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Food Stuffs

15 May

In all our research one of the biggest gaps of information we found on thru hikers was “What do these people eat?”.   Everyone talks about the intricacies of the trail, where they slept, how rocky Pennsylvania is and occasionally what crazy amount of food they ordered at a restaurant in town, but there is little information on the day to day.  If you are walking/running 20-30 miles a day up and down mountains with a backpack on you need some serious calories.   My usual granola bar and a fruit leather isn’t going to cut it.  So Emily and I have been experimenting and have had to play a lot with foods that we have already eaten too much previously as guides (oatmeal for Emily, dehydrated pasta sauce for me).  Here is what we have come up with so far and what we are going to try to make work for us:

Breakfast:

Cream of rice/wheat

Pop tarts

Shredded wheat, Cracklin’ Oat Bran

DRIED FRUIT

Granola bars

Lunch (on the go): Continue reading

Mt. Wrightson

13 May

Eric, a friend from NC, came out to visit recently and he had told me he would enjoy a camping trip while in Tucson. Knowing that Jen and I train in a very different manner than most I had asked many times about his comfort, speed, and distance preferences. Since he had previously been in the military and is about 6’4” he was relatively comfortable “walking all day”. We spoke about gear and he assured me that he would show up with a small pack, a sleeping bag (ours are way too short!), and a water bladder. We could provide for him a tent and a sleeping pad.
After talking about it and Jen looking into some options we decided to summit Mt. Wrightson, a “must do” hike near Tucson. Mt Wrightson has an elevation of 9453 feet, and a campsite about 1000 feet down from the summit. With a campsite so close to the trail we were able to dry camp* after our first day of hiking, summit in the morning without our packs, and then hike down.
The hike up followed a much used nicely maintained trail. We turned off this trail to hike around and up the south side of the mountain. This trail opened up into one of the most beautiful views we have had in Tucson. The sun was setting in the west and our view into Mexico was stunning.

Continue reading

Dogs and the AT

21 Apr

*Please note that this post may offend some. That it is not my intention. However, I do want to bring to light other not so typical viewpoints about the AT.

It is so hard for me to understand why dogs are not appreciated on the AT. My trail partner and I have read post after post and article after article about dogs on the Appalachian Trail. People are very negative towards our four legged companions. Don’t they have more of a right to be free in the woods than we do? They are, after all, descendants of the wolf. These creatures were roaming the woods of North America way before our English ancestors were. ( I know not everyone’s ancestors are English, however it was very much a white man’s vision to build the AT.)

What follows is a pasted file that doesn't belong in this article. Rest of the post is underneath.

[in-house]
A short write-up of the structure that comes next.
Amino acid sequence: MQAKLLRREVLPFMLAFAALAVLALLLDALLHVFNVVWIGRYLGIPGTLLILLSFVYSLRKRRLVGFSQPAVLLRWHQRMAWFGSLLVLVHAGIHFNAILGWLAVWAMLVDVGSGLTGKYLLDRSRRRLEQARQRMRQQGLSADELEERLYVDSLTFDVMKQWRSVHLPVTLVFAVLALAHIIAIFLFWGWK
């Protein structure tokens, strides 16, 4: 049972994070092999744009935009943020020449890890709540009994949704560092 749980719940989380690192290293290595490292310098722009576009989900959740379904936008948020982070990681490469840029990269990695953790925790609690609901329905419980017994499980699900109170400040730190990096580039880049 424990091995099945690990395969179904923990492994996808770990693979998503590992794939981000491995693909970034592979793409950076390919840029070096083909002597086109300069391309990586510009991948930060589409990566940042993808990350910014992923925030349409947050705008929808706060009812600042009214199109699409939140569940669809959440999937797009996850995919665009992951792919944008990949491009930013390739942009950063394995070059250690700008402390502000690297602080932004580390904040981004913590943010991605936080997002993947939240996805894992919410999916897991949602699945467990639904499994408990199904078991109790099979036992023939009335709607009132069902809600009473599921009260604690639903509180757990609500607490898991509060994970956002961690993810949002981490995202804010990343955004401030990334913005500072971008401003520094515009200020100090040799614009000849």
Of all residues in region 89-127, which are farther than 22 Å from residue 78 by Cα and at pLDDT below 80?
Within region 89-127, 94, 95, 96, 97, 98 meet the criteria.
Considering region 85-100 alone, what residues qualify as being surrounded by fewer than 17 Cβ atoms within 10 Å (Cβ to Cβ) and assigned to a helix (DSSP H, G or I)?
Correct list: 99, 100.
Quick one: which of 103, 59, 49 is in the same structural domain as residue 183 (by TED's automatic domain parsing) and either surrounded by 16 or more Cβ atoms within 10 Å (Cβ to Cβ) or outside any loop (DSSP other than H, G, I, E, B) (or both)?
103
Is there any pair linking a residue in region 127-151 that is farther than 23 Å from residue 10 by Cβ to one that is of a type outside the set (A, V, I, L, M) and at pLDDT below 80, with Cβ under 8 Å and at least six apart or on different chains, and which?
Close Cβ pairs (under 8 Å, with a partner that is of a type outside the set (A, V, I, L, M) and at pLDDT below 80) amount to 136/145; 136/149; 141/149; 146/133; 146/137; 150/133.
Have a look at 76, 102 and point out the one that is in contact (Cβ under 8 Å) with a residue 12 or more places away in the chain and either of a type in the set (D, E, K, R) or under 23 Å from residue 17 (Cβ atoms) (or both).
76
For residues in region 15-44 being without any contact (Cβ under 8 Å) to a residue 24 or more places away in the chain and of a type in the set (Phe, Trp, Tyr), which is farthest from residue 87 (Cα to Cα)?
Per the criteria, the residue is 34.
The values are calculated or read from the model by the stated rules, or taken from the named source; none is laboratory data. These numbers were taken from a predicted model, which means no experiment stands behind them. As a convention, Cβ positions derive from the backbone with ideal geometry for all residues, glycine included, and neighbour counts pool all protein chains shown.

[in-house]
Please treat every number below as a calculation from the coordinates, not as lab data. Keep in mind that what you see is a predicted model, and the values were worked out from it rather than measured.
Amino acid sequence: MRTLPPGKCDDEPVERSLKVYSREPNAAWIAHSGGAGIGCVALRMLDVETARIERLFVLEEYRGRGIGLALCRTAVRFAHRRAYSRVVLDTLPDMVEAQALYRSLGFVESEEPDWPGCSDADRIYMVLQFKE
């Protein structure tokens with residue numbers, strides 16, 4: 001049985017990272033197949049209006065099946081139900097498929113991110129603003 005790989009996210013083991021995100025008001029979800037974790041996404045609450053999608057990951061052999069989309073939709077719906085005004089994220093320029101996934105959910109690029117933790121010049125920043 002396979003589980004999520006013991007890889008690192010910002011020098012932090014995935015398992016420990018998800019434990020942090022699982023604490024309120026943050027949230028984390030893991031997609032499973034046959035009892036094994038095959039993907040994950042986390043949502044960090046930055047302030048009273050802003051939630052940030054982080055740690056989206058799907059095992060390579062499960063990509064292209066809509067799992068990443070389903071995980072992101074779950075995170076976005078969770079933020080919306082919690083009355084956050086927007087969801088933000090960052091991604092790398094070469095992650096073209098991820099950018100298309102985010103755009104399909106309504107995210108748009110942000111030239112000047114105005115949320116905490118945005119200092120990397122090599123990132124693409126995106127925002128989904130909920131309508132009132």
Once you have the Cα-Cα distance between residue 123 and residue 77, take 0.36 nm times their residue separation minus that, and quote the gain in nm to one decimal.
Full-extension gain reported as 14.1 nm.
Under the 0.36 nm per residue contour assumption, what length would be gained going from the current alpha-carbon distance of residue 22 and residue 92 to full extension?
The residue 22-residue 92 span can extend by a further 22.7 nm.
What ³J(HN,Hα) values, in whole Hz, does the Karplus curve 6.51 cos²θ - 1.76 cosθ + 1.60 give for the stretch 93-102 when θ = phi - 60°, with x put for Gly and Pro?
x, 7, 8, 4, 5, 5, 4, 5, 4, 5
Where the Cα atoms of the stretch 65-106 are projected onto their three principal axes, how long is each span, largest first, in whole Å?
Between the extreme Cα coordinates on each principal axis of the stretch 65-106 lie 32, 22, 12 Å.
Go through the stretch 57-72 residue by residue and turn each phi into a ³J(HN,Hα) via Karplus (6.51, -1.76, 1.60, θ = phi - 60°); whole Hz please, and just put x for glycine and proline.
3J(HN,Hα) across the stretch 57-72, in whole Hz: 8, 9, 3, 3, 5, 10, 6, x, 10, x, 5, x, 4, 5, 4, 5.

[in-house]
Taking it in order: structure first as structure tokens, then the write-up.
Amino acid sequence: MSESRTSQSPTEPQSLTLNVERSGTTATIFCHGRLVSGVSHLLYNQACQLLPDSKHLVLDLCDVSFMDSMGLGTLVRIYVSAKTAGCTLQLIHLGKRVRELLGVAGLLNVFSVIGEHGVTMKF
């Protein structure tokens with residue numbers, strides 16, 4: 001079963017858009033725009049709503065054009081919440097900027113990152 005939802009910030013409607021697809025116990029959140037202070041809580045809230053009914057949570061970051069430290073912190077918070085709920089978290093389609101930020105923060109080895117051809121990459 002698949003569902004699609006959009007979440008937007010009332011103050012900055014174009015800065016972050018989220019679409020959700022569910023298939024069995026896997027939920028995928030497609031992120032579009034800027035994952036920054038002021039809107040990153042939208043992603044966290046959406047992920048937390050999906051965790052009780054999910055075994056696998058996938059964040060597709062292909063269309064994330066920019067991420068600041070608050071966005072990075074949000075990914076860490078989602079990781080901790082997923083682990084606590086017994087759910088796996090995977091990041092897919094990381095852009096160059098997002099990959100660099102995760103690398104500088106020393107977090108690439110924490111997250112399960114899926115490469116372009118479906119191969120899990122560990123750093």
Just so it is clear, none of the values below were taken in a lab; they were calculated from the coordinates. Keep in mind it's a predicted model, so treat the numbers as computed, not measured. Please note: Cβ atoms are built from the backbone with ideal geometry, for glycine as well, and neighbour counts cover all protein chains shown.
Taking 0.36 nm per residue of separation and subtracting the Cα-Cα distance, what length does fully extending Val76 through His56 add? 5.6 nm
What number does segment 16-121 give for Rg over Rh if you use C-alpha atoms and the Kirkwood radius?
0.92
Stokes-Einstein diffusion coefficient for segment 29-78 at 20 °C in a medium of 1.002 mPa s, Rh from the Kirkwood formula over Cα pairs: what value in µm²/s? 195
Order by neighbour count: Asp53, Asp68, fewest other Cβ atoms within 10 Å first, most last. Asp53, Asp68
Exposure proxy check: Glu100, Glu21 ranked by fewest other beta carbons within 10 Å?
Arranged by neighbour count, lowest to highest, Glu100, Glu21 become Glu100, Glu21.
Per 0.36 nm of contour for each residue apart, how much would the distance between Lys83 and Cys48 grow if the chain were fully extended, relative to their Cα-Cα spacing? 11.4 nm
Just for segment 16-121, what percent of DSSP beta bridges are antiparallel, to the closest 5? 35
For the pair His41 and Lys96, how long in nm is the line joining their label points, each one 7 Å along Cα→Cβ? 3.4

I love my dogs. They have and always will be a part of my life. I take them to the dog park, the grocery store, and I used to take them to work. They are well behaved. They actually do not want you to pet them right away. They want to get close enough to smell you, and then they wish to go on their merry way. Our dogs are our trail companions. They always have been. They have grown up faithfully running by our sides on trails throughout North America and even parts of Europe. We feel guilt when we leave them at home alone. Even if it is only for an hour. We simply cannot imagine packing this trail without them.

With this being said I am going to bring to light some controversial viewpoints. Continue reading

Ultralight Lessons #1

20 Apr

Two weeks ago after a year and a half of gear research, gear discussions, and eventual gear purchasing, Emily and I finally set out on our first overnight “ultralight” backpacking trip. Though it had been long anticipated, both of us knew that there were going to be many lessons to be learned, the majority of which would be the hard way. Our trip did not disappoint.

We started off what felt like way too early on Tuesday morning. We were up at 7:30am to make our final preparations and to toss our gear and pups in the back of Emily’s Jeep. We had a 30-mile overnight planned out in the Superstition Mountains east of Phoenix. Google maps said it was about a 3 hour drive and we hoped to hit the trail by noon to knock out 15 miles the first day.
Well, five and a half hours after leaving our apartment Continue reading